Since the financial crisis, corporate lawyers have aspired to build the ultimate ironclad merger contract that keeps buyers with cold feet from backing out.
The “bulletproof” modern deal agreement now faces one of its biggest tests, as Elon Musk, the Tesla boss and richest person in the world, openly entertains the possibility of ditching his $44 billion deal for Twitter.
Musk said in a tweet this week that the “deal cannot move forward” until the social media platform provides detailed data about fake accounts, a request that Twitter seems unlikely to meet. Twitter’s board, meanwhile, has stated its commitment “to completing the transaction on the agreed price and terms as promptly as practicable.”
Simply abandoning the deal is not an option. Musk and Twitter have both signed the merger agreement, which states that “the parties… will use their respective reasonable best efforts to consummate and make effective the transactions contemplated by this agreement.”
With tech stocks falling—dragging down the price of the Tesla shares that form the basis of Musk’s fortune and collateral for a margin loan to buy Twitter—all eyes are on the mercurial billionaire’s next move.
Could Musk walk away for $1 billion?
The agreement includes a $1 billion “reverse termination fee” that Musk would owe if he withdrew from the merger agreement. However, if all other closing conditions are met and the only thing left is for Musk to show up at the closing with his $27.25 billion in equity, Twitter can seek to make Musk close the deal. This legal concept, known as “specific performance,” has become a common feature in leveraged buyouts since the financial crisis.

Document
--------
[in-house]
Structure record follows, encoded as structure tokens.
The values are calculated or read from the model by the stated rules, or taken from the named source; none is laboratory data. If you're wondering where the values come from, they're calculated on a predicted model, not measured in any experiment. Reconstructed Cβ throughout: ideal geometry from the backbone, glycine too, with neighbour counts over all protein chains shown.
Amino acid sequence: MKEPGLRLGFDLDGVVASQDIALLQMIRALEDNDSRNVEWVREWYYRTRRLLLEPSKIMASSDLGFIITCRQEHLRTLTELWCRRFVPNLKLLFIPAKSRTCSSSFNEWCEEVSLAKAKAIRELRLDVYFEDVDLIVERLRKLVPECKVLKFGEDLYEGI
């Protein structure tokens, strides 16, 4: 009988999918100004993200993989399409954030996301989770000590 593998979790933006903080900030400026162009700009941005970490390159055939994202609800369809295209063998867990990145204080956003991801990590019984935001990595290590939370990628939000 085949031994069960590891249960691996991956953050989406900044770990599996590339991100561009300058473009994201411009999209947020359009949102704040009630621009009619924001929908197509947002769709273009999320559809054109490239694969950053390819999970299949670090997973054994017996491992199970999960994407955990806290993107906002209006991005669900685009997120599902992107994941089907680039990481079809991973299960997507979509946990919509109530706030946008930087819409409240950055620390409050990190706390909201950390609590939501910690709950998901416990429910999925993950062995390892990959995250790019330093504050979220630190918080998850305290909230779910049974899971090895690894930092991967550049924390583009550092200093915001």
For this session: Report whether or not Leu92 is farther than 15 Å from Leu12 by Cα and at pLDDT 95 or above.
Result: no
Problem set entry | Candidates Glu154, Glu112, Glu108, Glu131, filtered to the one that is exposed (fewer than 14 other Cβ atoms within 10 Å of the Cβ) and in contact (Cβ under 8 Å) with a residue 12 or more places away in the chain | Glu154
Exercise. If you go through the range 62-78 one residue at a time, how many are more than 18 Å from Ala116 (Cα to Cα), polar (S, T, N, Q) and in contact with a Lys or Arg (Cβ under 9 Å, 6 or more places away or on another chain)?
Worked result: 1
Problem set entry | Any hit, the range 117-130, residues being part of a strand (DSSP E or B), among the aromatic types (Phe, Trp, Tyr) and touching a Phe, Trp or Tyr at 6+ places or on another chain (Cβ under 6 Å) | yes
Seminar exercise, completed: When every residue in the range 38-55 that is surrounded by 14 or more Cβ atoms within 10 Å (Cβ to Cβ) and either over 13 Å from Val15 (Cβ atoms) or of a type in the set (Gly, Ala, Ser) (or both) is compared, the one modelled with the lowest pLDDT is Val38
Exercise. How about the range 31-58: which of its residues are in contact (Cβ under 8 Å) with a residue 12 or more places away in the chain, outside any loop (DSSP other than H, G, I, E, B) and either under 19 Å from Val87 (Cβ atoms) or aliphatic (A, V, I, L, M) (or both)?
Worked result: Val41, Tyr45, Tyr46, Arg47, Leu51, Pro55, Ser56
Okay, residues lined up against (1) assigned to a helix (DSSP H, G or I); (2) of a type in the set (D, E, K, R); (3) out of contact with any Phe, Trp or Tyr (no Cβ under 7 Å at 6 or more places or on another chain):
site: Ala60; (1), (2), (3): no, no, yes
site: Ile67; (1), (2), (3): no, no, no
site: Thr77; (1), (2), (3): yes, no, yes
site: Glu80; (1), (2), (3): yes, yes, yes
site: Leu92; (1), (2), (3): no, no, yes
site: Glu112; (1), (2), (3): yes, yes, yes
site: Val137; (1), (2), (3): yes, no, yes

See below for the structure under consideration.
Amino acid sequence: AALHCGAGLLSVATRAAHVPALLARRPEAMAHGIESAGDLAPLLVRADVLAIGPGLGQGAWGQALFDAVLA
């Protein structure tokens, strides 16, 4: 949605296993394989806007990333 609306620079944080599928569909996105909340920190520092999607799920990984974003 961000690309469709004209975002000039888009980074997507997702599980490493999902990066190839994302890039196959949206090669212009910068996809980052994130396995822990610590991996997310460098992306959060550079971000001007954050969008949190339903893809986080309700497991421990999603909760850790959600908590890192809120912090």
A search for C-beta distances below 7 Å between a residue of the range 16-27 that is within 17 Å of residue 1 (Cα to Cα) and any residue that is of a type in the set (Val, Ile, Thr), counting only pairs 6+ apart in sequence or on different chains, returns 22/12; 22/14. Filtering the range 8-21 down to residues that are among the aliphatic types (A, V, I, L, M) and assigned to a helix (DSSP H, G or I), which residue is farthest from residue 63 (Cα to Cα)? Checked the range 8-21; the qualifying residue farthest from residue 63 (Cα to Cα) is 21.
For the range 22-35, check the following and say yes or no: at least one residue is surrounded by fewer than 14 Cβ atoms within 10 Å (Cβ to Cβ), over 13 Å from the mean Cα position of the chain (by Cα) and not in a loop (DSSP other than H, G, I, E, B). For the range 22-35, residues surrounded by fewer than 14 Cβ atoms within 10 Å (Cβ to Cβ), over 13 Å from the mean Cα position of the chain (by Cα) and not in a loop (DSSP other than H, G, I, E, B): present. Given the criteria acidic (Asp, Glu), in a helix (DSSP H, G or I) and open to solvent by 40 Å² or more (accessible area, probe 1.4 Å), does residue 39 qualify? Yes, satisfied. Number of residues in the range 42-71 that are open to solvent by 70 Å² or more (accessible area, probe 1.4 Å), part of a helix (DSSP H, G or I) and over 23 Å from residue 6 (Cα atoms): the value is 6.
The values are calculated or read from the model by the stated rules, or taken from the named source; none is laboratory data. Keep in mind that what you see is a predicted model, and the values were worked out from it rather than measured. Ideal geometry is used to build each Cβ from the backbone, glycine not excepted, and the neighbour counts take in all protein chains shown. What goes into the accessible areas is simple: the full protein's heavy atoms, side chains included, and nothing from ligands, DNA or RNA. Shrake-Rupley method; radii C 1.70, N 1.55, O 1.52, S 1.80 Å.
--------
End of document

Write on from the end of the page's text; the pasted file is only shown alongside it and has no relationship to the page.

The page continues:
In 2007 and 2008, leveraged buyouts typically included a reverse termination fee that often allowed a company backing the acquisition to pay a modest 2 to 3 percent of a deal’s value to get out. Sellers believed at the time that private equity groups would follow through and close their transactions in order to maintain their reputations. But some did pull the plug on those agreements, leading to several court fights involving prominent companies such as Cerberus, Blackstone, and Apollo.
Since that era, sellers have implemented much higher termination fees as well as specific performance clauses that effectively require buyers to close. Most recently, a Delaware court in 2021 ordered private equity group Kohlberg & Co to close the buyout of a cake decorations business called DecoPac.
Kohlberg had argued it was allowed out of the deal because the DecoPac business had a “material adverse effect” when the pandemic struck between signing and closing. The court rejected that argument and ruled that DecoPac could force Kohlberg to close—which it did.